If you ever find yourself in Ireland, make sure that you take the time to get out of Dublin. As the country’s capital and largest city, Dublin will likely be your point of entry to this beautiful island. However, if you have the time and the means, you would be doing yourself a disservice if you turned down the opportunity to see the rest of this fine country. With only a few days to cram with activities, I was lucky enough to explore Northern Ireland and the West.
Back in 2019, I had the great pleasure of visiting Scotland for the first time. Although the city of Glasgow was our home base, I found myself delighting more in the capital of Edinburgh (more here) and the highland destination of Oban (more here). Scotland and Ireland are very different (linguistically, historically, etc.) but are close both in the literal sense (on a clear day from a certain vantage you can see the coastline of the other) and both have much to offer in the way of natural beauty.
In my very short time in Ireland, I managed to take not one, but two bus tours. Although you may find a 13-hour tour, departing at 7am to be a “bit much,” they really can be an effective, engaging, and easy way to see more of a country. In my last post, I wrote (somewhat in-depth-ly) about the conflict between the Irish Catholics and Protestants (more here); all of this info came straight from the tour guide’s mouth (but, naturally, I also fact-checked). In this post, I want to go over some of the highlights outside of the capital that you too can easily reach on a day trip from Dublin.
Please note that both tours that I took were with the company Wild Rover Tours (highly recommended — and nobody is paying me to say that…no one pays me to say anything tbh… shame).
Belfast is the capital of Northern Ireland (one of the UK’s four constituent countries along with England, Scotland, and Wales) and it is the island’s most populated city. With Wild Rover Tours one can take a taxi tour to learn about the city’s political history with a focus on “The Troubles.” Also, if one is less interested in politics, one can skip the taxi tour and head straight to the world’s largest Titanic museum (but please note, and this shouldn’t come as a shock to any of you, the real Titanic, which was constructed in Belfast is not at the museum…it’s sitting 13,000 feet under the water just like in the movie).
Located in Antrim, Northern Ireland, Dunluce Castle has served as the backdrop for the House of Greyjoy in the popular medieval fantasy series Game of Thrones. Today, Dunluce Castle is less of a “castle” and more of a collection of ruins. In the 16th century, it was home to the ruling Gaelic lords. After years of war and power transitions, Dunluce Castle was ultimately left to ruin by the mid-1650s and stones were extracted to be used in other construction. Although you can practically see all there is to see of the structure from the windows of the bus, on a nice day, you can still take pleasure in the breathtaking views from atop the cliffs.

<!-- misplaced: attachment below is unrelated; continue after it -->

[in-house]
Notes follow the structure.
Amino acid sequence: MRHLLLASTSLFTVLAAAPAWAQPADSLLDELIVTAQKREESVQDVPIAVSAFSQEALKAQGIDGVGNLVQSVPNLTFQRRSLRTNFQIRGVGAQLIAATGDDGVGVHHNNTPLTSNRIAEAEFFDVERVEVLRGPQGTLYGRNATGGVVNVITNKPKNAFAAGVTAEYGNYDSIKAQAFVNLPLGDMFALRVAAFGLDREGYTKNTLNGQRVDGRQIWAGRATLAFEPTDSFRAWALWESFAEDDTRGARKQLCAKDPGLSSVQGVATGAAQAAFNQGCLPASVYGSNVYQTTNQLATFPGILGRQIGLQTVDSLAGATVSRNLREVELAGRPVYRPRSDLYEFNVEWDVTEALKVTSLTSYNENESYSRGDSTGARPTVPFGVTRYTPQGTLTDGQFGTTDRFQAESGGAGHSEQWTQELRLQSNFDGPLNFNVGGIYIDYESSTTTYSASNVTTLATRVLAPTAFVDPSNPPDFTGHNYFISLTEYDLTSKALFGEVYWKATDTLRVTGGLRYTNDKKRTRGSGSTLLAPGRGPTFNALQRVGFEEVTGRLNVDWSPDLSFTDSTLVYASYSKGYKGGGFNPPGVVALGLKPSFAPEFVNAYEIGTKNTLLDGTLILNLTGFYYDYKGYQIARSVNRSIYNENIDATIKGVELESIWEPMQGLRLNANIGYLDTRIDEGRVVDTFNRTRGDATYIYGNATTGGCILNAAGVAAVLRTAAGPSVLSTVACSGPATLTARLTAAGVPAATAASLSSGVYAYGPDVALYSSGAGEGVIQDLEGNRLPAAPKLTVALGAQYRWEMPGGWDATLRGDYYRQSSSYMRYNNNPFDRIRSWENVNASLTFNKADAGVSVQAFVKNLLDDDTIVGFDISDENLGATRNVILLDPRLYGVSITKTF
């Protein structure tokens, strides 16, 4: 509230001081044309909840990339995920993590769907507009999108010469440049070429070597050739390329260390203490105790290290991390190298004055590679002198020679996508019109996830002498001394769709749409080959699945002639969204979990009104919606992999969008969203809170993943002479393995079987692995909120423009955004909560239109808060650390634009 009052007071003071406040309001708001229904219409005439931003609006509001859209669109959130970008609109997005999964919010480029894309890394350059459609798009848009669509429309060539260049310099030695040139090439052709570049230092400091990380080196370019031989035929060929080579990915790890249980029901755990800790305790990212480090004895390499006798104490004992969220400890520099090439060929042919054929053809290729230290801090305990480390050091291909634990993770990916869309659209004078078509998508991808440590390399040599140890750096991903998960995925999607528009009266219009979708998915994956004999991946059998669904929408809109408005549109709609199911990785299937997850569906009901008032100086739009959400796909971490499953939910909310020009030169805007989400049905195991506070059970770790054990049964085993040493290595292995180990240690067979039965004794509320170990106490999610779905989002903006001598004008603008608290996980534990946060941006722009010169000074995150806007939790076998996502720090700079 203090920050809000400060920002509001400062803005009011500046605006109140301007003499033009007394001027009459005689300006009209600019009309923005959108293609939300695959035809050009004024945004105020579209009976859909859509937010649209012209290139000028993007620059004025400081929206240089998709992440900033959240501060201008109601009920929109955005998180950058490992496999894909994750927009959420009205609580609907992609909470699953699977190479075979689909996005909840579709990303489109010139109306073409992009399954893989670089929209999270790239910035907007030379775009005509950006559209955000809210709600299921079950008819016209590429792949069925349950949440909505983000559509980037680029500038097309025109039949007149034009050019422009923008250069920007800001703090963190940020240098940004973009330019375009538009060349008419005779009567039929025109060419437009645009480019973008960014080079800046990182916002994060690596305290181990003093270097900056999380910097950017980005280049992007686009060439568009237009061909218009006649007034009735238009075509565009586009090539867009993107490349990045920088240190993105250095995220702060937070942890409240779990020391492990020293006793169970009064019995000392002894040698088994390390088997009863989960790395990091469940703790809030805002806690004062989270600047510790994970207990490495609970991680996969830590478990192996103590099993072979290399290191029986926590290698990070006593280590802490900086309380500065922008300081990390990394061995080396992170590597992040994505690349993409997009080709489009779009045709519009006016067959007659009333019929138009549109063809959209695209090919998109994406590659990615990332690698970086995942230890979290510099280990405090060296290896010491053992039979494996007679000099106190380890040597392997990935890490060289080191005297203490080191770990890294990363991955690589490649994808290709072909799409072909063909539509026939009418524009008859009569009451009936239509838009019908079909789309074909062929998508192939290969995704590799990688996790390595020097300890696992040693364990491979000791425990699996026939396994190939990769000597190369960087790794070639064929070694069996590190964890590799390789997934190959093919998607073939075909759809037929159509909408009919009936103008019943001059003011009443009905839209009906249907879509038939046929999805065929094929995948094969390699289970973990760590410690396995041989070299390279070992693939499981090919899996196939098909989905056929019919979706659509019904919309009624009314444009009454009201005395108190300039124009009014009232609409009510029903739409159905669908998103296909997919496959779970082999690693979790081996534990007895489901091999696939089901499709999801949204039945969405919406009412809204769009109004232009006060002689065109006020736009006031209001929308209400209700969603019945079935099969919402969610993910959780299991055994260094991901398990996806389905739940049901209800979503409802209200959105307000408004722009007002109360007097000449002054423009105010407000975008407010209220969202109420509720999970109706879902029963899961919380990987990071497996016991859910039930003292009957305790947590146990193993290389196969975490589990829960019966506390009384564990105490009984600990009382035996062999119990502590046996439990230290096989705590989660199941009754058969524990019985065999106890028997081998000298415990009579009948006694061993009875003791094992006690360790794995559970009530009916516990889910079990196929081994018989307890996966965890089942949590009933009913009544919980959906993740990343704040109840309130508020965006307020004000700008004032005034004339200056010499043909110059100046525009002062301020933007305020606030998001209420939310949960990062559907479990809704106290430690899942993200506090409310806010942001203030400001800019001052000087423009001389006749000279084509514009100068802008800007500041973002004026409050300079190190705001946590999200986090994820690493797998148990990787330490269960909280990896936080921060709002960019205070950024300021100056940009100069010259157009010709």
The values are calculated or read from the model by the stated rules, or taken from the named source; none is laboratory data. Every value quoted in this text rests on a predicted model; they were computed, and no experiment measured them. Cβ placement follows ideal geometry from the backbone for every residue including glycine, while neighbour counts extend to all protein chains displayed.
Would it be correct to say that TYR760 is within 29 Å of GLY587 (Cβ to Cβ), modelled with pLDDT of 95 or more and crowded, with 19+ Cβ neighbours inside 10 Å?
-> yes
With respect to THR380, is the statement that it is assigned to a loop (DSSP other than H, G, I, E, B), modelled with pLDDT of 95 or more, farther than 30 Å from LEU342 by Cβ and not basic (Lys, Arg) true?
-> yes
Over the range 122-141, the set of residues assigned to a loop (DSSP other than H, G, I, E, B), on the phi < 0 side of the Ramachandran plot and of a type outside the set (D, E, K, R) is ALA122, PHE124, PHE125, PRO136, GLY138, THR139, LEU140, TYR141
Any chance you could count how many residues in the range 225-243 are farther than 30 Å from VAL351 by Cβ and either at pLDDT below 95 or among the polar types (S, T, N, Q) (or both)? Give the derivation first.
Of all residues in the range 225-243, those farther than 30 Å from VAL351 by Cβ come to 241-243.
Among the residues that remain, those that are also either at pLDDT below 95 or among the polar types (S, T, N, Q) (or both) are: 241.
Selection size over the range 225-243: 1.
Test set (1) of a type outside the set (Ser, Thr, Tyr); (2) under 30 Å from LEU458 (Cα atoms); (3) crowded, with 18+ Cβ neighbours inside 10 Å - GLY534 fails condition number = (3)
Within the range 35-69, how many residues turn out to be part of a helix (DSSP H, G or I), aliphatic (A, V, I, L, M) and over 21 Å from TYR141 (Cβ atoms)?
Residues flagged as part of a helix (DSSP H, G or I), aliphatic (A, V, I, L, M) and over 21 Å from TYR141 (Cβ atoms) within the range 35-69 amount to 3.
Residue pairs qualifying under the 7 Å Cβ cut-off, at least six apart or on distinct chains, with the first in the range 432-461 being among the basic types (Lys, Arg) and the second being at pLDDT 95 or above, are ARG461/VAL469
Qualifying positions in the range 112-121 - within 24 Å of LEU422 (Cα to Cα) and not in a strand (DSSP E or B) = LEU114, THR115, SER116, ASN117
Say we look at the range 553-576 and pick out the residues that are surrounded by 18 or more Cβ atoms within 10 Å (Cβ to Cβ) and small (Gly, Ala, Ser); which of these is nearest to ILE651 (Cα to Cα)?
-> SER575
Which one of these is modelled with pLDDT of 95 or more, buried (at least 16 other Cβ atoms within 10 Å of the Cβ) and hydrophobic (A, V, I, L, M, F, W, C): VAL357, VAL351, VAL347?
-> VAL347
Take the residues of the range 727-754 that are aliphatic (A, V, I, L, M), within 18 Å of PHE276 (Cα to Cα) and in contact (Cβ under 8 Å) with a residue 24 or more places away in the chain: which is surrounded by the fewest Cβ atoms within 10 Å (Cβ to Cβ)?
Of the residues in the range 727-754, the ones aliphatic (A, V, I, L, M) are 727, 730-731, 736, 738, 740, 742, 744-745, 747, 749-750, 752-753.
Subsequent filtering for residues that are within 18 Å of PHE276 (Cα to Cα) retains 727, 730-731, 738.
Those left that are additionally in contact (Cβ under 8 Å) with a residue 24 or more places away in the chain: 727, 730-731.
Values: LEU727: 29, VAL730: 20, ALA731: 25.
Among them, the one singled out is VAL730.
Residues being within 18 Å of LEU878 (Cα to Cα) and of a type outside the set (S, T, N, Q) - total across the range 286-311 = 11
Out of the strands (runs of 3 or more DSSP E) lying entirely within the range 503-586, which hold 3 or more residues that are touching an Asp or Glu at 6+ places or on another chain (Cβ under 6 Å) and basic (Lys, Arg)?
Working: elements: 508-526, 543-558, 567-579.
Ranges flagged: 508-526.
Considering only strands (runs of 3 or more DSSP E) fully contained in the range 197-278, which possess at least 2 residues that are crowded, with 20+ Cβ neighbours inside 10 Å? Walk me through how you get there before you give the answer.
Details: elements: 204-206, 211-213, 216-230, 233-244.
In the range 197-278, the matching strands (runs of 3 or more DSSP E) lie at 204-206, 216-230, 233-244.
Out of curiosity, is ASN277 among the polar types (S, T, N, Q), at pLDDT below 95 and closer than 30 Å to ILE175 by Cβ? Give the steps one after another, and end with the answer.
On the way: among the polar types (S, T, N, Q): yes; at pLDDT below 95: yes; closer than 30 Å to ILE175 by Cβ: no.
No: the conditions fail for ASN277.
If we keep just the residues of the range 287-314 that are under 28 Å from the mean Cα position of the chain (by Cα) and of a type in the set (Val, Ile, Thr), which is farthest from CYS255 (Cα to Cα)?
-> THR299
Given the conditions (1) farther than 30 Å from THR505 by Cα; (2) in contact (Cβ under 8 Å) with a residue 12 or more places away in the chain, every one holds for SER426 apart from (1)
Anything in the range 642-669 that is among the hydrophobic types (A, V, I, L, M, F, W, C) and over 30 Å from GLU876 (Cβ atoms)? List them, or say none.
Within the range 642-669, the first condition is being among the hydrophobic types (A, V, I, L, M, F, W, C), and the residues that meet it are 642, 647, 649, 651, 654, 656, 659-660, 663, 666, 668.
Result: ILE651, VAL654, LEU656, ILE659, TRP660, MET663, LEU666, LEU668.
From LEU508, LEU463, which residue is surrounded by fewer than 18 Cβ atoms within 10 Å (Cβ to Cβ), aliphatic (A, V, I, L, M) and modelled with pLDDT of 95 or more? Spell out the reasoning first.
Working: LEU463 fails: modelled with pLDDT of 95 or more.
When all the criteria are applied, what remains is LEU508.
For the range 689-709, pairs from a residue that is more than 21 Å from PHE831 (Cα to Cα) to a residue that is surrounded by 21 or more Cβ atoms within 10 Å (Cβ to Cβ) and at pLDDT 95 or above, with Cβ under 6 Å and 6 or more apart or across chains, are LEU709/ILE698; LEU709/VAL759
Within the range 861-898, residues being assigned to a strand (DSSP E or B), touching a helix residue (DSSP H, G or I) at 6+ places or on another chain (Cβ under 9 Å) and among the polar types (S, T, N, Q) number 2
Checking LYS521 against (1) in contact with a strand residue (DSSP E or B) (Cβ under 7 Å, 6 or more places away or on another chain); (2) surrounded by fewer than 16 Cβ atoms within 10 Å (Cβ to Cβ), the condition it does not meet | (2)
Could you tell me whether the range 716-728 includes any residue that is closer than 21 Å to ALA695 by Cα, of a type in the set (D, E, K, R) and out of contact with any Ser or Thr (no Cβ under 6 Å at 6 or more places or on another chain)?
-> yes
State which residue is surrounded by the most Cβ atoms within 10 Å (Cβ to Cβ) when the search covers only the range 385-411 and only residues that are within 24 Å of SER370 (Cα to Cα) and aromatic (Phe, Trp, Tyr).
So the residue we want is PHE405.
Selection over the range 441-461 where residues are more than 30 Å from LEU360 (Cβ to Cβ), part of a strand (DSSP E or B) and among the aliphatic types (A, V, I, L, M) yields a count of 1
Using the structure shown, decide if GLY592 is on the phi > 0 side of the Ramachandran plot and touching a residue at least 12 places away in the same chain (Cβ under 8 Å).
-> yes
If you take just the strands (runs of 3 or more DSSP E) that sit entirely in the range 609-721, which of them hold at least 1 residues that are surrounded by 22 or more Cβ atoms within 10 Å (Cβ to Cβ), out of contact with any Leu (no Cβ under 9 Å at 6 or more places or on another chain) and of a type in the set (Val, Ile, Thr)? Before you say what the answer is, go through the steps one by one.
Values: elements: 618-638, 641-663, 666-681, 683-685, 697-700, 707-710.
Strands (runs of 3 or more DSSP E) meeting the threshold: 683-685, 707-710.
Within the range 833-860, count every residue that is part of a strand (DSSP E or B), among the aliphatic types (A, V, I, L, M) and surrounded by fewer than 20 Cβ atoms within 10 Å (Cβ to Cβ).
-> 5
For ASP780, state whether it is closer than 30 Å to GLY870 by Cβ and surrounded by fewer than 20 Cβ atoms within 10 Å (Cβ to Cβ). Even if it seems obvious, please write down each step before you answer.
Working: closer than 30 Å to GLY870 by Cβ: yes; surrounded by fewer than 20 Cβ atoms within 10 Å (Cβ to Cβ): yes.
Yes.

My, was this a site to behold. How do I even describe the beauty and greatness of this location? Let’s start from the top. You exit your tour bus at run-of-the-mill parking lot and find a small tunnel open to foot traffic peaking out under a lush, green hill. You round the bend of the small tunnel and look down the grassy hill before you and follow the paved path that ostensibly will lead you to the shore. However, as you descend the hill and slowly curve around its edge, it becomes clearer and clearer that this coastline is unlike the rest. To your right the world opens to you like a natural amphitheater — the green cliffs slope back and tower like protective walls. To your left the ocean calmly laps the fine-grained basalt rocks, formed from thousands of years of volcanic activity, that interlock in hexagonal prisms like a beehive. The scene has an extraterrestrial vibe to it and it is otherworldly huge — you are but an ant in this cavernous space.
Cliffs of Moher
I may as well have been at Niagara Falls…. The Cliffs of Moher (pronounced “mow-uh”) located on Ireland’s western coast offers spectacular ocean views on a nice day. However, “nice” is not a word most people would use to describe the quality of this particular day. The sky was gray; there was rain and the winds were bloody murder. The gale-force gusts pelted bullets of watery nonsense horizontally through the air and straight into anyone who dared to enjoy their time on the cliffs. I did not last more than 10 minutes in these conditions (and my spirit low-key broke). At least (and most necessarily), there was also an indoor cliffs museum equipped with a small exhibit hall, gift shop, café, and cafeteria for one to hide out in (I mean “enjoy”).
Luckily, the rain had let up by the time that we pulled into Galway. Located on Ireland’s western coast, Galway is a small, touristy city of around 80,000 residents (…and is more recently known for Ed Sheeran’s pop hit “Galway Girl,” which was also filmed at a local pub). One can basically see “all that there is to see” in like two hours — there are water views, a few small points of interest (like the Spanish Arch, for example, small shops, and many unique eateries). I have met those who loooove Galway (these people happen to have familial ties to the city), however, as a casual passer-through, I found it to be nice (but perhaps not strictly necessary if you only have a short time in Ireland).
Now, dear Reader, I will end by saying that Dublin is also great (naturally!). There is much to do in this European capital — walking/ bus tours, a tour of the Guinness Storehouse, Jameson Whiskey Distillery tour, a lively pub scene in the Temple Bar area, and all the national museums are free! So, make sure to make time for Dublin too! (Sorry for the mixed messages.)
Go dté tú slán!
(pronounced: guh jay too slahn) — fare thee well!